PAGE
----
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McKinney-Freeman Lab: About Us

Left to Right: Ashley Chabot, Marie Bordas, Miguel Ganuza, Maheen Ferdous, Trent Hall, Shannon McKinney-Freeman, Himangi Marathe, Megan Walker, Albert Vacheron

The McKinney-Freeman lab is focused on better understanding the fundamental biology of hematopoietic stem cells (HSC), especially the genetic and cellular regulation of their in vivo repopulating activity. HSC are currently the most therapeutically exploited adult stem cell compartment, used routinely to treat leukemia and hematologic disease via HSC transplantation. However, many patients that might benefit from HSC transplantation lack access to a suitable donor. 

By better understanding the intrinsic and extrinsic factors that control the ability of HSC to home to, engraft, and repopulate the hematopoietic compartment after transplantation, we hope to design therapies targeted at improving the efficiency with which HSC engraft patients. This would allow us to expand access to this life-saving therapy by making it possible for more patients to take advantage of valuable sources of HSC for transplantation, such as cord blood, whose application is limited by small cell numbers. We recently completed a functional screen in which we identified 20 genes as novel regulators of HSC in vivo hematopoietic repopulating activity. We are currently working to dissect the cellular and molecular mechanisms by which these genes regulate the function of HSC.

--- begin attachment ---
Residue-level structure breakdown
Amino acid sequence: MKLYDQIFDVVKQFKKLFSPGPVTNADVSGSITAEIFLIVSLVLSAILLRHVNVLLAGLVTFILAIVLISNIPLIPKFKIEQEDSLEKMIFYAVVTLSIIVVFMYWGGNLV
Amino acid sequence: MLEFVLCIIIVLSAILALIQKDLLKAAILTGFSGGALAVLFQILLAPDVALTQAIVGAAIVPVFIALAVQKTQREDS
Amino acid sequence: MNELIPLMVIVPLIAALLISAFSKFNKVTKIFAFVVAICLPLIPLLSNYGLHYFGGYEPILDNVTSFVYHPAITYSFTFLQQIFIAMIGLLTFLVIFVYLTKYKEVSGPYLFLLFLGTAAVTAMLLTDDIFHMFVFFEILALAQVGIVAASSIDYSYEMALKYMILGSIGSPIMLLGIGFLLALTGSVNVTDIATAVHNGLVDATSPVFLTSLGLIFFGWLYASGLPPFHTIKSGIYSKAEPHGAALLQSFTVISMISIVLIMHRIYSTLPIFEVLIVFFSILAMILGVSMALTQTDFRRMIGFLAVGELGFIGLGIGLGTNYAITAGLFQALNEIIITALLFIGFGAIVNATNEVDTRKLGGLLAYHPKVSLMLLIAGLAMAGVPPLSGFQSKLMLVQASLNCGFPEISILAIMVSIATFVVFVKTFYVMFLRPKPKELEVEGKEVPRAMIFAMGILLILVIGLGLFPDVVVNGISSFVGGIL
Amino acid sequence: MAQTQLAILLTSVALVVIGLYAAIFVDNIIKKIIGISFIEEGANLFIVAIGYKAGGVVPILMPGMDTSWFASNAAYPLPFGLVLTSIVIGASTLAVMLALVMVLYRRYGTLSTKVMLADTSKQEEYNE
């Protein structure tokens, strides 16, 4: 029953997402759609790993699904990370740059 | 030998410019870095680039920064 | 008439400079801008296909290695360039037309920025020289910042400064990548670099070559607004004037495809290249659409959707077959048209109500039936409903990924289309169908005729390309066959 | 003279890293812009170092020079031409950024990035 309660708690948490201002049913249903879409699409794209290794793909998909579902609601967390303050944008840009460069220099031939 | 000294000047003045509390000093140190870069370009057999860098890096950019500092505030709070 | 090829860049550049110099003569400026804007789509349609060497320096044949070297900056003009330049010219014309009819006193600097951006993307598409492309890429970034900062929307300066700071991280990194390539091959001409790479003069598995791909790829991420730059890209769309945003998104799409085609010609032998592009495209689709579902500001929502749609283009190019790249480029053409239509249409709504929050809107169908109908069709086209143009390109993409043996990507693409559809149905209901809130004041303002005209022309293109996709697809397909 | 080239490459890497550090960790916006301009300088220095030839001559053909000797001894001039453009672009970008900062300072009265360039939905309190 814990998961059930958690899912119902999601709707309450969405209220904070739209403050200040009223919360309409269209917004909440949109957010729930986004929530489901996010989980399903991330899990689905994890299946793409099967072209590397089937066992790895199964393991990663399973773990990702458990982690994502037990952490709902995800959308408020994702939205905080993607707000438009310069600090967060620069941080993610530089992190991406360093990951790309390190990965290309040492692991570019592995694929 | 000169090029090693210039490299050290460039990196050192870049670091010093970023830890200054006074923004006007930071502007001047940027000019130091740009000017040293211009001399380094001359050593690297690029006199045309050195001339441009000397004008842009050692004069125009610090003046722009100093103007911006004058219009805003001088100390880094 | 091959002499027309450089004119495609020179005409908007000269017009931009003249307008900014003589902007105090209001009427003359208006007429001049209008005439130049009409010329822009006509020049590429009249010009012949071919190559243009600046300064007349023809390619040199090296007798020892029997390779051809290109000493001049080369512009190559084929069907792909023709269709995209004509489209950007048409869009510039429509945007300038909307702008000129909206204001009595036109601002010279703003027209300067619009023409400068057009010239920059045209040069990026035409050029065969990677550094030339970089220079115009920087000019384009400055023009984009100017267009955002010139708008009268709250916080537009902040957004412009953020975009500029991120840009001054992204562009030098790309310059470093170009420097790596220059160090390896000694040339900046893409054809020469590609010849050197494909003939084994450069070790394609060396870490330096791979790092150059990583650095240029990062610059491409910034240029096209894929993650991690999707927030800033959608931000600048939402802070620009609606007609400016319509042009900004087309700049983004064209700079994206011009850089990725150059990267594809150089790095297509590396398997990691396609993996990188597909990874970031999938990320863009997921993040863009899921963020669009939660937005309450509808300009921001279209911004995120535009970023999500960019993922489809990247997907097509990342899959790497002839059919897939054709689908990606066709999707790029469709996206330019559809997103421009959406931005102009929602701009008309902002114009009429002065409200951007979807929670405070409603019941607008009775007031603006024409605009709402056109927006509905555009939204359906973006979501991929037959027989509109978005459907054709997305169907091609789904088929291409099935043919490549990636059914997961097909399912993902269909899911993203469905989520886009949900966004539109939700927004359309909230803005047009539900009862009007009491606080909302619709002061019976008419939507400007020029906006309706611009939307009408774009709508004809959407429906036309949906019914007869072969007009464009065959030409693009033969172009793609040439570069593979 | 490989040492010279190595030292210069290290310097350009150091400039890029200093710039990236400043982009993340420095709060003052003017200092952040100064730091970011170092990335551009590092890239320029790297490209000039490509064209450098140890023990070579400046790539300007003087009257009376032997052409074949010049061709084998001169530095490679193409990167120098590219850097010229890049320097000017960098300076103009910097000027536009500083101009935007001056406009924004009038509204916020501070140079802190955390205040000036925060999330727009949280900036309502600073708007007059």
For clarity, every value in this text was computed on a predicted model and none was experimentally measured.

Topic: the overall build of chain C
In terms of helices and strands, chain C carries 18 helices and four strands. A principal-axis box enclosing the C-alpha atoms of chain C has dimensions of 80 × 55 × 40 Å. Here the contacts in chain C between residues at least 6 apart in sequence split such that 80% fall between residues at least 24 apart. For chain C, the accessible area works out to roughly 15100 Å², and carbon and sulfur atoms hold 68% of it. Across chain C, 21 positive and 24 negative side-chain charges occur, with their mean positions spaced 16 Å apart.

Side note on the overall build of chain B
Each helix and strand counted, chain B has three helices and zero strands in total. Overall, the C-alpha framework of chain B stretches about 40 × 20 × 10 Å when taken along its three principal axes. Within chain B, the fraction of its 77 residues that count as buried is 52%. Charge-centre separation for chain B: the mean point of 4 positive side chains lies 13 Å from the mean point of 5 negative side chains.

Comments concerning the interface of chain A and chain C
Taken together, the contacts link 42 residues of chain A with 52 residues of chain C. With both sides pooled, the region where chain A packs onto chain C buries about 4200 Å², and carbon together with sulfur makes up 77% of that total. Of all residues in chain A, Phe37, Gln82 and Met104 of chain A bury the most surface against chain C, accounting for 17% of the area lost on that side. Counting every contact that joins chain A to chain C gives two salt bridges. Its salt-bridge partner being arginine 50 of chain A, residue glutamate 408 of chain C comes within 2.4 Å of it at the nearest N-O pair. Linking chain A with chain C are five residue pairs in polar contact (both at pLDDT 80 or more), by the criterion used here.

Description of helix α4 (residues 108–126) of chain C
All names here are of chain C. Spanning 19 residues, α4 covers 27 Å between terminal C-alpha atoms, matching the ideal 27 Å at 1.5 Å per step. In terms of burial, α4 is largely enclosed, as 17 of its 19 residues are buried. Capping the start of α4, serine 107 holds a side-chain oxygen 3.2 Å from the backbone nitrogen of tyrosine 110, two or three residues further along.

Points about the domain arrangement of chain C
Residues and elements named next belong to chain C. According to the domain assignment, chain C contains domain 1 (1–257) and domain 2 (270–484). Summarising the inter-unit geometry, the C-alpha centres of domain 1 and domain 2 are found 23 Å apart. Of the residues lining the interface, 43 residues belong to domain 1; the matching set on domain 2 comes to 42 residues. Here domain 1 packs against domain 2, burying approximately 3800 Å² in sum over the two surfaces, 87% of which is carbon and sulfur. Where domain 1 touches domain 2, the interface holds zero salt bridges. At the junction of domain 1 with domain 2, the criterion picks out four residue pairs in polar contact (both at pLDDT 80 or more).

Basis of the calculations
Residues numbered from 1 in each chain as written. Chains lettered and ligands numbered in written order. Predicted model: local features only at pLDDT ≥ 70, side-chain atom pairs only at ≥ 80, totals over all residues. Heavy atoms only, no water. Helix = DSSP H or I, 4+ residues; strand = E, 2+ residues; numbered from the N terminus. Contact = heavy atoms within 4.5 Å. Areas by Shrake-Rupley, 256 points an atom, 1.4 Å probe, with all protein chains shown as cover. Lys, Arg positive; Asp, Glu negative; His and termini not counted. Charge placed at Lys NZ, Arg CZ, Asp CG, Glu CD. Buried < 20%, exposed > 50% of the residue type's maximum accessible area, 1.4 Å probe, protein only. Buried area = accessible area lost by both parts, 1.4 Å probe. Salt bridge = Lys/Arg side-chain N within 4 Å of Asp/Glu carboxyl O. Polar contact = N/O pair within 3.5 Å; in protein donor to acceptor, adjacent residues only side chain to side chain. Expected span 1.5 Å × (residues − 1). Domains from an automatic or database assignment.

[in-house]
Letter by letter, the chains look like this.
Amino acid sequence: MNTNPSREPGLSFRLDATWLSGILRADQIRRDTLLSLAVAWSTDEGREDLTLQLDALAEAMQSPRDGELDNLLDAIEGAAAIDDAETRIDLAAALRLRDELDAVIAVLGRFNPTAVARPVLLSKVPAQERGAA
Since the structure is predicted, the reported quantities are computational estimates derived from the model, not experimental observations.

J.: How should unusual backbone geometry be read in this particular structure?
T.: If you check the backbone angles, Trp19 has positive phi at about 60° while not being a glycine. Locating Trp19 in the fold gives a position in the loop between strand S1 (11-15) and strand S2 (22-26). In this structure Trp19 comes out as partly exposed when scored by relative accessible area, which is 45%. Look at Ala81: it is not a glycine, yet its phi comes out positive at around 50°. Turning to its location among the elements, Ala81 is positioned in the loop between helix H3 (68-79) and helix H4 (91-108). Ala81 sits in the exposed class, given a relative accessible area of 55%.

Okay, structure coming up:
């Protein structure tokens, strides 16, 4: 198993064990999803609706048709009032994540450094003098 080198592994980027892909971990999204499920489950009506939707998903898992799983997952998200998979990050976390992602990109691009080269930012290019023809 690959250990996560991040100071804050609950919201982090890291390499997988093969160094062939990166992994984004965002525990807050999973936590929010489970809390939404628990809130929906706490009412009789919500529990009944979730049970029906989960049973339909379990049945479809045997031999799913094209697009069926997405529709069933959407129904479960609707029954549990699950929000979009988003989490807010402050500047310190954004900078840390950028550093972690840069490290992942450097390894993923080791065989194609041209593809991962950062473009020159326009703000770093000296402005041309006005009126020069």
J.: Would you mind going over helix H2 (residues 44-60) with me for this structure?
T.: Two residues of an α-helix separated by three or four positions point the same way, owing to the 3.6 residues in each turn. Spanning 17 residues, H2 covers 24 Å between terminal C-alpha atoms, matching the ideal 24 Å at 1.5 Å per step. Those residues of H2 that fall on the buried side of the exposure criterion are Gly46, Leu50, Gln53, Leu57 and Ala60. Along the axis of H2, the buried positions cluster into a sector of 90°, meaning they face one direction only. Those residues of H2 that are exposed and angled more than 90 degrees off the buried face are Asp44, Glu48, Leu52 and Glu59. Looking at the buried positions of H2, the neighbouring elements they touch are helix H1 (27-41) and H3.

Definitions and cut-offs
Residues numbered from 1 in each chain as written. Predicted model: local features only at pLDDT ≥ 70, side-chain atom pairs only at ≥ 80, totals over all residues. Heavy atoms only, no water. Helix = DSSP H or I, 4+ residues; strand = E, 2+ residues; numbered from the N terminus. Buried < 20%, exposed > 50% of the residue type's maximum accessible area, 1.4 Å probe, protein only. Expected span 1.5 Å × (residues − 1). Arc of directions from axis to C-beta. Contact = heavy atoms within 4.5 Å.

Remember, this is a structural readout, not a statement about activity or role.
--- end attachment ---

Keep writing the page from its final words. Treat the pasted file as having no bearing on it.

We are also interested in discovering novel genes that regulate the specification and development of HSC during embryogenesis. This work is crucial to the larger goal of engineering HSC from pluripotent stem cells (PSC) as an alternative resource to patients in need of HSC transplantation. In order to direct the fate of PSC towards a specific cell lineage, one must have an in depth understanding of the molecular mechanisms that regulate the specification of that cell type during normal embryonic development. We recently completed a computational screen that has implicated numerous genes as potential regulators of HSC development.  We are currently investigating prioritized genes for a role in this process.

Funding:

  • ALSAC

  • The Hartwell Foundation

  • The American Society for Hematology

  • St. Jude Children's Research Hospital Comprehensive Cancer Center

  • BD Biosciences

Previous Funding:

  • NIH NIDDK